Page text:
This is Where it Ends is an intense and disturbing YA about the unthinkable tragedy of a school shooting

This is Where it Ends is an intense and disturbing YA about the unthinkable tragedy of a school shooting

School shootings are not my favorite topic in YA literature, but I think it is important to look at the issue rather than to ignore it.  While I felt this book had good intentions, I found it more frightening than anything.


Goodreads Summary

10:00 a.m.
The principal of Opportunity, Alabama’s high school finishes her speech, welcoming the entire student body to a new semester and encouraging them to excel and achieve.

10:02 a.m.
The students get up to leave the auditorium for their next class.

The auditorium doors won’t open.

Someone starts shooting.

Told over the span of 54 harrowing minutes from four different perspectives, terror reigns as one student’s calculated revenge turns into the ultimate game of survival.

My Thoughts

I have mixed feelings about this book because I was really engaged, but I was left feeling a little helpless.  This book covers a school shooting from the perspective of various intertwined high school characters.  Initially, the shift from character to character is confusing, and it did take a while for me to get everyone sorted out.  Even after I got the narrators straight, I still struggled with siblings and parents because it was such a vast cast.  The  tweets that were interspersed throughout the narrative were confusing and I couldn’t always identify the characters who were sending or receiving them (probably because I’m old).  Despite that difficulty, I found the book very compelling.  There are too many characters to list, but the shooter’s sister, her girlfriend, and the shooter’s ex girlfriend all contribute memories and impressions that form a picture of a disturbed boy who crosses a line into madness without clear warning.  I found myself drawn into this story for that picture.  The first and last question anyone has about a school shooting is always “Why?”  This book does a good job of answering that question, but it also left me feeling a little like there was no way to predict or prevent this incident and I was left wondering what the message was here.  The topic is given the appropriate gravity and handled with sensitivity while maintaining a nightmarish realism, but there just wasn’t anything I took away from the book other than the horror and shock of a terrible tragedy that probably couldn’t have been prevented or stopped.  I understand that some books are about character development, and this book has a lot of that – characters find their courage and have epiphanies about love, life and sacrifice that will change them forever, but I think this book has the potential to simply make readers afraid of their school more than anything else.  As a teacher who has been trained for an active shooter crisis, this got even my anxiety levels up, so I think the situations and violence make this most appropriate for mature high school readers.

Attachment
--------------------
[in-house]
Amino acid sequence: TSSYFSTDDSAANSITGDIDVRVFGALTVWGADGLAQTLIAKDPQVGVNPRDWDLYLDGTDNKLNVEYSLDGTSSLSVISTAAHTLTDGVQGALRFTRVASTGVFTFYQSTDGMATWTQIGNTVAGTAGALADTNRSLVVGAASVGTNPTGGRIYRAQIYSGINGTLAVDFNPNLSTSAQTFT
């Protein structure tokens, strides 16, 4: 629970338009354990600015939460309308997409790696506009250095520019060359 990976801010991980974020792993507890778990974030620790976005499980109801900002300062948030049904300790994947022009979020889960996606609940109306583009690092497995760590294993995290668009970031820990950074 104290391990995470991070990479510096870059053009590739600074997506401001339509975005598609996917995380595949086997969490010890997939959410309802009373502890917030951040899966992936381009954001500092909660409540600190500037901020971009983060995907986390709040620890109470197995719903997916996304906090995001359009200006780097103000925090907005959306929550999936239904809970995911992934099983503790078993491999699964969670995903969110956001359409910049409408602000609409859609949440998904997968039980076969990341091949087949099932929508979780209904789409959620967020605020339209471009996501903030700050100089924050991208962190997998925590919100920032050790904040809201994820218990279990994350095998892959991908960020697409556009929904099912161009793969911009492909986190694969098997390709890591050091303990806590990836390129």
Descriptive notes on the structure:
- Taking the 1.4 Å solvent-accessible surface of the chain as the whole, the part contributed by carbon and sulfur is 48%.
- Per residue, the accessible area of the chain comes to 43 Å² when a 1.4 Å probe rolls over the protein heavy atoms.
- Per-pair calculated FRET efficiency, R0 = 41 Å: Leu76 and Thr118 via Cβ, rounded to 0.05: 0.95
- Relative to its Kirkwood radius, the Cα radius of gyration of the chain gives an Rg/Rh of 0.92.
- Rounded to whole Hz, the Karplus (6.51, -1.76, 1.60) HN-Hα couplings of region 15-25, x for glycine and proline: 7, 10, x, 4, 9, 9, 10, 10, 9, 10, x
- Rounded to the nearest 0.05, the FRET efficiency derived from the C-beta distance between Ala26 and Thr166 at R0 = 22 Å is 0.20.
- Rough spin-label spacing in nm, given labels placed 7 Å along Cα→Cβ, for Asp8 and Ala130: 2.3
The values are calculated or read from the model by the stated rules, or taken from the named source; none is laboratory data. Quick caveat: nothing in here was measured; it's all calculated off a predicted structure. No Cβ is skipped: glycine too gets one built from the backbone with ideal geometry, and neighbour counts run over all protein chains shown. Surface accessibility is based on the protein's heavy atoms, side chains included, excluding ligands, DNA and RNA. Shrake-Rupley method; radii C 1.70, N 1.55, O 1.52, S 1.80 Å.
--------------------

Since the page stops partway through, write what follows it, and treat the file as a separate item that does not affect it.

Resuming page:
I received an ARC from the publisher via NetGalley in exchange for an honest review.


About queenbook

When the final bell rings, I stash those messy piles of essays and analysis assignments in a desk drawer and I head home to a pile of good books. My kids and dog eat too many chicken nuggets and the house could be neater, but as long as I get my daily read, I guess we are doing all right. When I was twelve and fifteen and eighteen and twenty, I believed I needed to get out there and do those things I had just been reading about, which ended in disaster, tears, a tattoo that scares me every time I catch a glimpse of it in the mirror, and the realization that some of us are meant for action, and some of us are meant to critique the pace of action in a book. I read primarily YA fiction as I have a rather hulking classroom library and a hundred high school readers to engage daily. Nothing makes me happier than coming to school and finding an impatient teenager waiting by my door to turn in a book and get another one just like it. I adore a good zombie, a medieval princess, or girl assassin (I would like them all in one book if you are a writer looking for some inspiration). I add historical mystery to my wish list a year in advance, and you should get out of my way when the next Outlander book comes out. I have an embarrassing fondness for rock star books, but only if they don’t get too trashy and embarrass me. My favorite book of all time is The Blue Castle by L.M. Montgomery. My book boyfriends include Gilbert Blythe, Alonzo Wilder, and Jamie Fraser. They are mine and you can’t have them.

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